Wednesday, December 28, 2011

Cinetopia

Aaaand we're back. 'Tis time for some more list insanity to celebrate the dusking of 2011. This time it's a much shorter list: Movies I Saw In Theaters This Year. We're talking super-short. Goblinesque. But enough riffraff, let us commence:

Movies I Saw In Theaters This Year

1. The Chronicles Of Narnia: Voyage Of The Dawn Treader - So Prince Caspian is hot. Good movie.

2. Harry Potter and the Deathly Hallows: Part 2 - You know which Harry Potter character is hot? Oliver Wood. Know who's not in this movie? Oliver Wood.* But that's not what made me cry. Oh Snape, you crazy fool....

3. Puss In Boots - Kittehs!!!1 Adorable little romp. (Also: much better than Shrek.)

4. Muppets - As much as I enjoy the Muppets themselves, I've never LOVED any of their films. This was good, not great. Maybe it needed more Rowlf.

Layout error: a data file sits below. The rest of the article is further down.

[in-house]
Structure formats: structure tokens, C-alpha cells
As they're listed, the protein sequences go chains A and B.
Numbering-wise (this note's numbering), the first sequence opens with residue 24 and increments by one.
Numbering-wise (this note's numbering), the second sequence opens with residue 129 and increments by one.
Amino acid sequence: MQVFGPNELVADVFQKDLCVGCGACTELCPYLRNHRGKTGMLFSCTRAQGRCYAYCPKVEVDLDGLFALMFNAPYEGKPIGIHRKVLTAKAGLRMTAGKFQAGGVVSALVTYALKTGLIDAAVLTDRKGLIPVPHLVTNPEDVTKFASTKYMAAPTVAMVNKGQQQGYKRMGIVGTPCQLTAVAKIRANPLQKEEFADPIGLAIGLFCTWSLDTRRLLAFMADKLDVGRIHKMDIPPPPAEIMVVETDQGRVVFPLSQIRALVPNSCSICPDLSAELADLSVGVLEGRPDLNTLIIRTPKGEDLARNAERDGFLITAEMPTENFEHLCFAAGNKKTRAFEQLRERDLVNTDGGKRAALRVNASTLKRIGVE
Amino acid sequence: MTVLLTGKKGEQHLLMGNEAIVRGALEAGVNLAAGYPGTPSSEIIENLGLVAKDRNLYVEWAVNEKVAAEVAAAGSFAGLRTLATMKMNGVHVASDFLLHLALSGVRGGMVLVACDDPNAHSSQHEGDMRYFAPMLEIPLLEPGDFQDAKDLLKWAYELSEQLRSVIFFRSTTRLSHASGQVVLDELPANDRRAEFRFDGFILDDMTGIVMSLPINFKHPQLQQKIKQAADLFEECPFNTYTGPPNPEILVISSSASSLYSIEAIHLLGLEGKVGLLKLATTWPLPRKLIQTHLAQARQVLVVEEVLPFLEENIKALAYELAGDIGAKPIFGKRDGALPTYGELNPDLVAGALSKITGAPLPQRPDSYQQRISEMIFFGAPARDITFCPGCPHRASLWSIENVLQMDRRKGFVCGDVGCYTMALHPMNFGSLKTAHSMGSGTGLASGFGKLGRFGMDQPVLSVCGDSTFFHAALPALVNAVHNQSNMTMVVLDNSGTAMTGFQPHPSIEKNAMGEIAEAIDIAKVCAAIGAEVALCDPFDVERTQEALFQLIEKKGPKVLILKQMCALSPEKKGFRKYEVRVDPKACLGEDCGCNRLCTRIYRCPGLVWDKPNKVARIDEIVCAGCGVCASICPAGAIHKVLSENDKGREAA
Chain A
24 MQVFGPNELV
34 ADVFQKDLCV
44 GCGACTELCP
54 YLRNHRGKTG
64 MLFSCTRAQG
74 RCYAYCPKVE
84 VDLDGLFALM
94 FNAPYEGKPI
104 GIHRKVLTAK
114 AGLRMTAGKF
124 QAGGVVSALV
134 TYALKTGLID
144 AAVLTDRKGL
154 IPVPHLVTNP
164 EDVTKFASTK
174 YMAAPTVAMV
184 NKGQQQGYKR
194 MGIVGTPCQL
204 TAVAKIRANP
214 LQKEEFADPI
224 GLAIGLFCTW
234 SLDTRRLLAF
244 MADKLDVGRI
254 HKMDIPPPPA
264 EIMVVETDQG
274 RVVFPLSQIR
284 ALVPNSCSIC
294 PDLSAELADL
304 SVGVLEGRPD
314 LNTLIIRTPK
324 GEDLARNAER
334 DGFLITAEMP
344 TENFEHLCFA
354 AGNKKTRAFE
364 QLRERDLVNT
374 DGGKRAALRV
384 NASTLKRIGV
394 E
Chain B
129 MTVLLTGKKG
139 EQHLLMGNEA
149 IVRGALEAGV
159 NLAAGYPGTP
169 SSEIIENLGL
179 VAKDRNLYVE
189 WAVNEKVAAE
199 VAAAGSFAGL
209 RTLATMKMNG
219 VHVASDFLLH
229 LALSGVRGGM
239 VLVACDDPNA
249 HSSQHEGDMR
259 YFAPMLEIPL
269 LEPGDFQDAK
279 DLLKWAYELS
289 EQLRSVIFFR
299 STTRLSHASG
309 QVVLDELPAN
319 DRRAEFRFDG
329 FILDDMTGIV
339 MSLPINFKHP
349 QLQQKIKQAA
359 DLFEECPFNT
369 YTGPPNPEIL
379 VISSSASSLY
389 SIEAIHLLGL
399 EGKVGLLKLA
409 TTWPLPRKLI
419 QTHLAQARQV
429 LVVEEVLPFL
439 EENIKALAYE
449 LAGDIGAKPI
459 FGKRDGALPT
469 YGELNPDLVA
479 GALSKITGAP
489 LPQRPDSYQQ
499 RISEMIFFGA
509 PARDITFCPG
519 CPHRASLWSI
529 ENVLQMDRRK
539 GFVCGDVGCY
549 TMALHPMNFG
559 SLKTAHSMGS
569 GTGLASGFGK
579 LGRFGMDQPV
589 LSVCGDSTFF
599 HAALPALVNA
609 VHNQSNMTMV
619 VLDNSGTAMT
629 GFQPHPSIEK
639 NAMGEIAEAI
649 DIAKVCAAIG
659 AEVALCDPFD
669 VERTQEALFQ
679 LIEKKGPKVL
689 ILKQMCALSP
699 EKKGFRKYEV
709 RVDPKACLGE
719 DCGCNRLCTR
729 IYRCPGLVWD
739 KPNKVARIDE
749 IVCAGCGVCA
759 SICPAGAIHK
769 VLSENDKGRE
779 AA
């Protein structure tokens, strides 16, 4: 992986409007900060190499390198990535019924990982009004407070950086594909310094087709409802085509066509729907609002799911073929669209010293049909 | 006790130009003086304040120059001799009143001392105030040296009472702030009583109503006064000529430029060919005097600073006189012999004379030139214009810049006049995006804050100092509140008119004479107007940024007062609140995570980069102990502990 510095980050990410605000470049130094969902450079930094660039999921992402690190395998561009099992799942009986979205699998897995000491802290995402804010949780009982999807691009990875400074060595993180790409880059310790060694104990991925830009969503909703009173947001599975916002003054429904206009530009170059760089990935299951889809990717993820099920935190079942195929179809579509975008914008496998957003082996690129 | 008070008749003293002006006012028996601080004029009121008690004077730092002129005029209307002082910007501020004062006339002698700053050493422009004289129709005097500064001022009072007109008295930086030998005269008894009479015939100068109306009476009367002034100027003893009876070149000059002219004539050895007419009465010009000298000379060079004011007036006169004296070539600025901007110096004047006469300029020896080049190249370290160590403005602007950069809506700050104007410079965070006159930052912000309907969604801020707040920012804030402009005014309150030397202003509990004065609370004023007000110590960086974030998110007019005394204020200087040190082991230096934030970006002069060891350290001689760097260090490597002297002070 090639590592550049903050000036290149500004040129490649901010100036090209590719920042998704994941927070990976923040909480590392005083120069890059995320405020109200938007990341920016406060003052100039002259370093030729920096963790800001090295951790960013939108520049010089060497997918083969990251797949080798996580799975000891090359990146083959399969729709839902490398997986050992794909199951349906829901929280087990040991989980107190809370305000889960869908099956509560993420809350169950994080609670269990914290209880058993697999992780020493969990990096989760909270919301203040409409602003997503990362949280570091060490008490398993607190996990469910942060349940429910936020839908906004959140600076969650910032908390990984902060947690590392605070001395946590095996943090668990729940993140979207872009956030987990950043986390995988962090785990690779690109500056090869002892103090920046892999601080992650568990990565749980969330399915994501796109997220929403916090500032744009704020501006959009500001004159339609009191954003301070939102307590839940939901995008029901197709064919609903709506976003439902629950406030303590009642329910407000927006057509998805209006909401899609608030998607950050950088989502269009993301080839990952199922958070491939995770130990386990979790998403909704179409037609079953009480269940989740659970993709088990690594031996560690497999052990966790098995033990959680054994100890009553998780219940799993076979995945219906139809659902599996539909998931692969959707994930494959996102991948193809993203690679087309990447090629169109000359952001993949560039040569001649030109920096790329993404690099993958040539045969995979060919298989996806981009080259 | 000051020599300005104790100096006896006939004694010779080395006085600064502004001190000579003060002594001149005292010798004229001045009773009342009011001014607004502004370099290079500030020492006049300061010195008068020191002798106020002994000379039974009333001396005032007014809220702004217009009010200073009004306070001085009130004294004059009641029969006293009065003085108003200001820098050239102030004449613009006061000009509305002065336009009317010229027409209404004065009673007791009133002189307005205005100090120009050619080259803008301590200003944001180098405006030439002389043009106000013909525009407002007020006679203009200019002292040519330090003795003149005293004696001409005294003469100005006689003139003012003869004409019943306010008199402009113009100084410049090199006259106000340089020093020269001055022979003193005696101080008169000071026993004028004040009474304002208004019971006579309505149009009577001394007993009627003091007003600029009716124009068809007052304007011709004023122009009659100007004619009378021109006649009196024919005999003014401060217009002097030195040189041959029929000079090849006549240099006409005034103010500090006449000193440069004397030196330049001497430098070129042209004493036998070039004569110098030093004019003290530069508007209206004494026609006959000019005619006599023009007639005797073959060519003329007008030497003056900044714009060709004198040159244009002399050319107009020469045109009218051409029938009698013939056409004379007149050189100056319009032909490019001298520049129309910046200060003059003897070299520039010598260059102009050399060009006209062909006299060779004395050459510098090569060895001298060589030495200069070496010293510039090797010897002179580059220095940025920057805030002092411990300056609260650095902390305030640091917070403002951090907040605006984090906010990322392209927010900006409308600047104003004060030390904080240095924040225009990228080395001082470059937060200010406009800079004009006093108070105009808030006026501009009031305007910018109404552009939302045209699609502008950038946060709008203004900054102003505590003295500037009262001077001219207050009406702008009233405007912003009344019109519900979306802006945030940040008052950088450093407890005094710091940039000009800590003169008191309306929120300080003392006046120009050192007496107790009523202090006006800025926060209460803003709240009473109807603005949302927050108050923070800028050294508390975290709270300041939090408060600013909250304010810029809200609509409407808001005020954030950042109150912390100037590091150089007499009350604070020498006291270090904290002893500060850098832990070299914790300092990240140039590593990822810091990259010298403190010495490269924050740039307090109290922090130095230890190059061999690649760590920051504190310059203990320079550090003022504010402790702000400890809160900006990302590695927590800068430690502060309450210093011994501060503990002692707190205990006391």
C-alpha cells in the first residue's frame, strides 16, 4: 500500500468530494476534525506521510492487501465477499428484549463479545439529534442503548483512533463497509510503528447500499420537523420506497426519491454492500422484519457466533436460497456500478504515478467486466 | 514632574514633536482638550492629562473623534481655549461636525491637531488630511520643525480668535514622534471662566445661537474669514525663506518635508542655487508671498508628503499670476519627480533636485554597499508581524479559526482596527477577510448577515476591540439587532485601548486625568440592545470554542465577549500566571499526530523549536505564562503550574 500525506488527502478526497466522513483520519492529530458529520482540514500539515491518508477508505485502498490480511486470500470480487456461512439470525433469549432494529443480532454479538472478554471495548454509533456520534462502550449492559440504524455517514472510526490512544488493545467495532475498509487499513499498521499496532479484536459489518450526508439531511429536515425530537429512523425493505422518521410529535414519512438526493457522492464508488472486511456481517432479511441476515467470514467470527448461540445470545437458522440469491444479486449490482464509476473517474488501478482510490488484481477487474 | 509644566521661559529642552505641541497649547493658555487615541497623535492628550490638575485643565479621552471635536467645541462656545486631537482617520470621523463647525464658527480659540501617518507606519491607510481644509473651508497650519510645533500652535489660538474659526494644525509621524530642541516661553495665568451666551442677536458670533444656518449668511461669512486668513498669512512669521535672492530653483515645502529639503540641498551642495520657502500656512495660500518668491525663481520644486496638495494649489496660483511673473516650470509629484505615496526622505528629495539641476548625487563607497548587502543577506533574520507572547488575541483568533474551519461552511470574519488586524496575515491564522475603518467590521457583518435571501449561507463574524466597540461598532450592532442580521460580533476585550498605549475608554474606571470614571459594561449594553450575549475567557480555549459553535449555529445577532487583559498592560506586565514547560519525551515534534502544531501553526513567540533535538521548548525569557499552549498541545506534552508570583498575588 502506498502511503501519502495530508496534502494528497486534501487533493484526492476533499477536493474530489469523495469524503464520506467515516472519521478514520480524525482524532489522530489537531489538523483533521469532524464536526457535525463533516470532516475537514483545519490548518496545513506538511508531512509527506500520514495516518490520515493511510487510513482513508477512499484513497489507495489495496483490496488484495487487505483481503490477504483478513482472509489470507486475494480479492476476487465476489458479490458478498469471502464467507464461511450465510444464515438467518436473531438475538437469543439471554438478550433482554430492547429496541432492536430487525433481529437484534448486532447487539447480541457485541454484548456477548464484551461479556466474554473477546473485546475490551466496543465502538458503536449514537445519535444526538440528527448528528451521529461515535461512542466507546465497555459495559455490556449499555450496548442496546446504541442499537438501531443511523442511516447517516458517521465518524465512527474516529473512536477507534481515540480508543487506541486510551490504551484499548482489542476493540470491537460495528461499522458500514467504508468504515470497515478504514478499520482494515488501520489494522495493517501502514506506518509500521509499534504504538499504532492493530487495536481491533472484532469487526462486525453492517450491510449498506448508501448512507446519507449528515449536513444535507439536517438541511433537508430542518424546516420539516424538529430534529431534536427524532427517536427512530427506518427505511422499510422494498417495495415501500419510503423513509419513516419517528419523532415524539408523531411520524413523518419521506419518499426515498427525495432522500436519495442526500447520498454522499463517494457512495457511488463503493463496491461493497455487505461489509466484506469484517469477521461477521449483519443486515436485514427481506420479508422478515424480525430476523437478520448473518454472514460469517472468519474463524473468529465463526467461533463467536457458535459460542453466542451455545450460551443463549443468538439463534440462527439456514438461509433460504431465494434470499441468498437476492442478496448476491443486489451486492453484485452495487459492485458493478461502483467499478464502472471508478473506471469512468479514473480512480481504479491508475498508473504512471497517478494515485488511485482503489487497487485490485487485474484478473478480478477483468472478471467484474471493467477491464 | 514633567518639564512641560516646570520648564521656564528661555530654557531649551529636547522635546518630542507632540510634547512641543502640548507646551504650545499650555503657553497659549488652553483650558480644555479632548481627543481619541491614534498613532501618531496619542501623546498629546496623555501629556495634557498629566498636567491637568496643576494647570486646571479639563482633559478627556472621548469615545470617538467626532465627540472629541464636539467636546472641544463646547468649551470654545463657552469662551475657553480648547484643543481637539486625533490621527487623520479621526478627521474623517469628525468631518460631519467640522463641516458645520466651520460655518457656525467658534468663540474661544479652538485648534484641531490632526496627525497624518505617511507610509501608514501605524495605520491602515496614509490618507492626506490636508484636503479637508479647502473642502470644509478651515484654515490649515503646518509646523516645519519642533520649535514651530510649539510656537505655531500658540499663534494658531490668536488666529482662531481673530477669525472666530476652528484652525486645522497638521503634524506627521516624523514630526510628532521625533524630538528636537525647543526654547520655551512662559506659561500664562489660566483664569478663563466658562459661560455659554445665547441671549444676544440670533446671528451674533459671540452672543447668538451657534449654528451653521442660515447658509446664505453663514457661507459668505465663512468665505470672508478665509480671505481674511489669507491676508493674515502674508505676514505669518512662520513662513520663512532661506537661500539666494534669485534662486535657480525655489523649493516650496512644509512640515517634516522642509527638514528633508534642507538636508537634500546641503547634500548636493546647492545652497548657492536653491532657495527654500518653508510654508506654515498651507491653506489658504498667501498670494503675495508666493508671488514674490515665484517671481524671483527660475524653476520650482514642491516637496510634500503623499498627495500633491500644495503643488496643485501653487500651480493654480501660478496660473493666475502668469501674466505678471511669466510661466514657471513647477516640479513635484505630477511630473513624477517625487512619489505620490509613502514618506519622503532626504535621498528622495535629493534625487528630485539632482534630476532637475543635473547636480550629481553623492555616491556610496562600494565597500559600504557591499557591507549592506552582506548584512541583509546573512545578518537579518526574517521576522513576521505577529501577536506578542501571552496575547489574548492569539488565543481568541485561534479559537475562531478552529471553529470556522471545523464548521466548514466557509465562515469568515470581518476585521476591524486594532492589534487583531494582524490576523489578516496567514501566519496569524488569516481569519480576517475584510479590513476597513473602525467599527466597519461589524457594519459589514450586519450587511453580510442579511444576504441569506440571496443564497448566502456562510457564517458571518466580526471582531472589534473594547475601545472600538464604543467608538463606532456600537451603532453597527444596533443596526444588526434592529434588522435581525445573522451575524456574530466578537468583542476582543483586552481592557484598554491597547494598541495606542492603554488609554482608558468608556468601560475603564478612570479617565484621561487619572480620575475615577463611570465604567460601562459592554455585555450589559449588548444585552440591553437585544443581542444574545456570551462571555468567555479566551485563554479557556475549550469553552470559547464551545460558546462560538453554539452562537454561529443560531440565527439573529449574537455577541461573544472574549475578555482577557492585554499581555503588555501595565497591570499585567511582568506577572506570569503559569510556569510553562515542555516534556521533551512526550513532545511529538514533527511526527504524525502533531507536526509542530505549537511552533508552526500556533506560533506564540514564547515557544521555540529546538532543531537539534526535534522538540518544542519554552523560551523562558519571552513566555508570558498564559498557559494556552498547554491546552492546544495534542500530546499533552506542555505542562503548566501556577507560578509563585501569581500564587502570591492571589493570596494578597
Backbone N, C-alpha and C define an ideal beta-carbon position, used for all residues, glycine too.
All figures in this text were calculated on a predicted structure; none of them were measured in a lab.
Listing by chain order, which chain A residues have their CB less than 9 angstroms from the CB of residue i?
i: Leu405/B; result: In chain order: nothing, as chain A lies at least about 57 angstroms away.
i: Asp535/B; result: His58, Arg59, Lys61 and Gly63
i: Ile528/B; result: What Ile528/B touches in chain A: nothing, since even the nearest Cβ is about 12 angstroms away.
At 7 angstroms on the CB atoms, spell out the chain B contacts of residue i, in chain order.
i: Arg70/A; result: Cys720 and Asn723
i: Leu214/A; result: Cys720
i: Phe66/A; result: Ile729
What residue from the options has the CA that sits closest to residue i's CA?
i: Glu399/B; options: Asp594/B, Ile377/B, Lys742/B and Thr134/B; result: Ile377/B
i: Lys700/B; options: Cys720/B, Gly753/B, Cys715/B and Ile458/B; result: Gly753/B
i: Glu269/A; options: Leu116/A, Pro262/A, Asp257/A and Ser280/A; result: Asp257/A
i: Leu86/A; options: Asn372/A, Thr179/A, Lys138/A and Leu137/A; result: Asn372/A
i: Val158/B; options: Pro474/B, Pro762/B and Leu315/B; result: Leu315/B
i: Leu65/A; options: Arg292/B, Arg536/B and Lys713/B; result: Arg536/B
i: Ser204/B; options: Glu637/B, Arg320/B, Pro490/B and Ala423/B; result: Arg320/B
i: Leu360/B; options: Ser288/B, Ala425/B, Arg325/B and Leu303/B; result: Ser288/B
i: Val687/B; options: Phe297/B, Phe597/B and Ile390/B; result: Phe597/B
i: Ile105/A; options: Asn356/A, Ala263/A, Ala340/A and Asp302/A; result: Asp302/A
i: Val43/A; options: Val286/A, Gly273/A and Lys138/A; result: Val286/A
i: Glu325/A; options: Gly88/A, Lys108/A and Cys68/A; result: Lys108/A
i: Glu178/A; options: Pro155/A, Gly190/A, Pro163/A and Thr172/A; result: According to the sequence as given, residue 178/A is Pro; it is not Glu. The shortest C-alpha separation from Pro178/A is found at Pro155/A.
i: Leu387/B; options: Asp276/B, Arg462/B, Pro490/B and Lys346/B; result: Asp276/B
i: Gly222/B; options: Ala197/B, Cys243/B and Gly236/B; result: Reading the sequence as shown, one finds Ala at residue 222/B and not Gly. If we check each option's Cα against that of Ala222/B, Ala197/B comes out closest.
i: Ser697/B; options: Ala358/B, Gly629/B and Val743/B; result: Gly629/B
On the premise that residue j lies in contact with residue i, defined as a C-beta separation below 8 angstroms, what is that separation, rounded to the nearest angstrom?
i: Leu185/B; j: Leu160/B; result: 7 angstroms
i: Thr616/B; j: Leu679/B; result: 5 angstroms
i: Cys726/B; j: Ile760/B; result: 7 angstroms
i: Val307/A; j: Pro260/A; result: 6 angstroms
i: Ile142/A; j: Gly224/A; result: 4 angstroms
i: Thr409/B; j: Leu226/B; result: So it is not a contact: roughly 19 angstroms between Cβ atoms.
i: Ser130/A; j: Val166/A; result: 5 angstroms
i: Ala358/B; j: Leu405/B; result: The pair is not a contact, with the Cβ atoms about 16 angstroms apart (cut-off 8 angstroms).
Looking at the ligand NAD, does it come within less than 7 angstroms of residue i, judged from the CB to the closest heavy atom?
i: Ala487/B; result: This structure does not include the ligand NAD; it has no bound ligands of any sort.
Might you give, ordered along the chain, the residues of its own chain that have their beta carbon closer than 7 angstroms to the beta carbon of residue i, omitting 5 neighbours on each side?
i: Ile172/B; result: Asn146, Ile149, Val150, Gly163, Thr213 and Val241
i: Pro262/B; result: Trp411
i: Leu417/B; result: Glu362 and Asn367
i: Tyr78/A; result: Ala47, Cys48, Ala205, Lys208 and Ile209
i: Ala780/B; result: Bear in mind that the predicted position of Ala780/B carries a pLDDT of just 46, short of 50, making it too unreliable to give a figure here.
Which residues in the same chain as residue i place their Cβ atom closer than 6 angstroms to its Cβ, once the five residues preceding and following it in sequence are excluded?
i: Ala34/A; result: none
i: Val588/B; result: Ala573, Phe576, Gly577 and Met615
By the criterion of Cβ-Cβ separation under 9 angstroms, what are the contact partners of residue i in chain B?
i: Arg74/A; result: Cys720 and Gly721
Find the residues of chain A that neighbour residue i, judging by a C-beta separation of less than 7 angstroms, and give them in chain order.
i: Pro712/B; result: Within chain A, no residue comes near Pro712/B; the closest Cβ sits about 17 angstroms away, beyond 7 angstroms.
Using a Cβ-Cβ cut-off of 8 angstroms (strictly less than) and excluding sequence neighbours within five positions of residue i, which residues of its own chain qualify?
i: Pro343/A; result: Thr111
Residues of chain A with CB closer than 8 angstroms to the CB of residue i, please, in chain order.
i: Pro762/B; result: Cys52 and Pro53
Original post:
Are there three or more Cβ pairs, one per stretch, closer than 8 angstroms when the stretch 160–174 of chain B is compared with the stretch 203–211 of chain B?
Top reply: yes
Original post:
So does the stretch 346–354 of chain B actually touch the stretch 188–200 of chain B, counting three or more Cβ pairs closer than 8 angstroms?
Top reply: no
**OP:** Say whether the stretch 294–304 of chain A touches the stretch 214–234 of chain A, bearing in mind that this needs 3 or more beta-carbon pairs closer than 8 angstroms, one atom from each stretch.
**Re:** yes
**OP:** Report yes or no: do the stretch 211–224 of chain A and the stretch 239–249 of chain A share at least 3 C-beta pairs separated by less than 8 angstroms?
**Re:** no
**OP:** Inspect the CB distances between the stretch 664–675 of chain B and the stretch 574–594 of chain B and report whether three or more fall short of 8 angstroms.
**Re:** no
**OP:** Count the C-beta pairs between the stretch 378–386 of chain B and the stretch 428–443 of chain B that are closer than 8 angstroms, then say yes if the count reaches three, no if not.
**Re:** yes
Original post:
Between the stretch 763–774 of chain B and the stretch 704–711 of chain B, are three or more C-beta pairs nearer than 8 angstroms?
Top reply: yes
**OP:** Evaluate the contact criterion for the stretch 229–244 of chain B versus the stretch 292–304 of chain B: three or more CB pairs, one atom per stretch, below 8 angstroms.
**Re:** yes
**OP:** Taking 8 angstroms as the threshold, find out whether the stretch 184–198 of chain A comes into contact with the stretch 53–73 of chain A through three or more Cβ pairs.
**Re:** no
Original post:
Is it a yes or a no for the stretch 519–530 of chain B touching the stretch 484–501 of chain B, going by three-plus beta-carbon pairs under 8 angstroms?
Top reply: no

5. The King's Speech - OMG DARCY AND ELIZABETH WERE REUNITED AGAIN!!! Ummm hi?

6....

Well, I told you it was short.

Adieu.

*-I've been told Oliver is, in fact, in the movie, somewhere among all the fightin' wizards towards the end, but I have yet to spot him. And so, as far as I'm concerned, it does not count.

Wednesday, December 21, 2011

The Tube

Well, 2011 is coming to a close. And I'm sure you know what that means! Yep, it means it's time for me (and you!) to start producing an obscene amount of lists. I know, I hate it too, but end-of-the-year listmaking is tradition, and I'll be darned if you try to mess with tradition. Especially around Christmastime. Do you want to make the Baby Santa cry?

I didn't think so.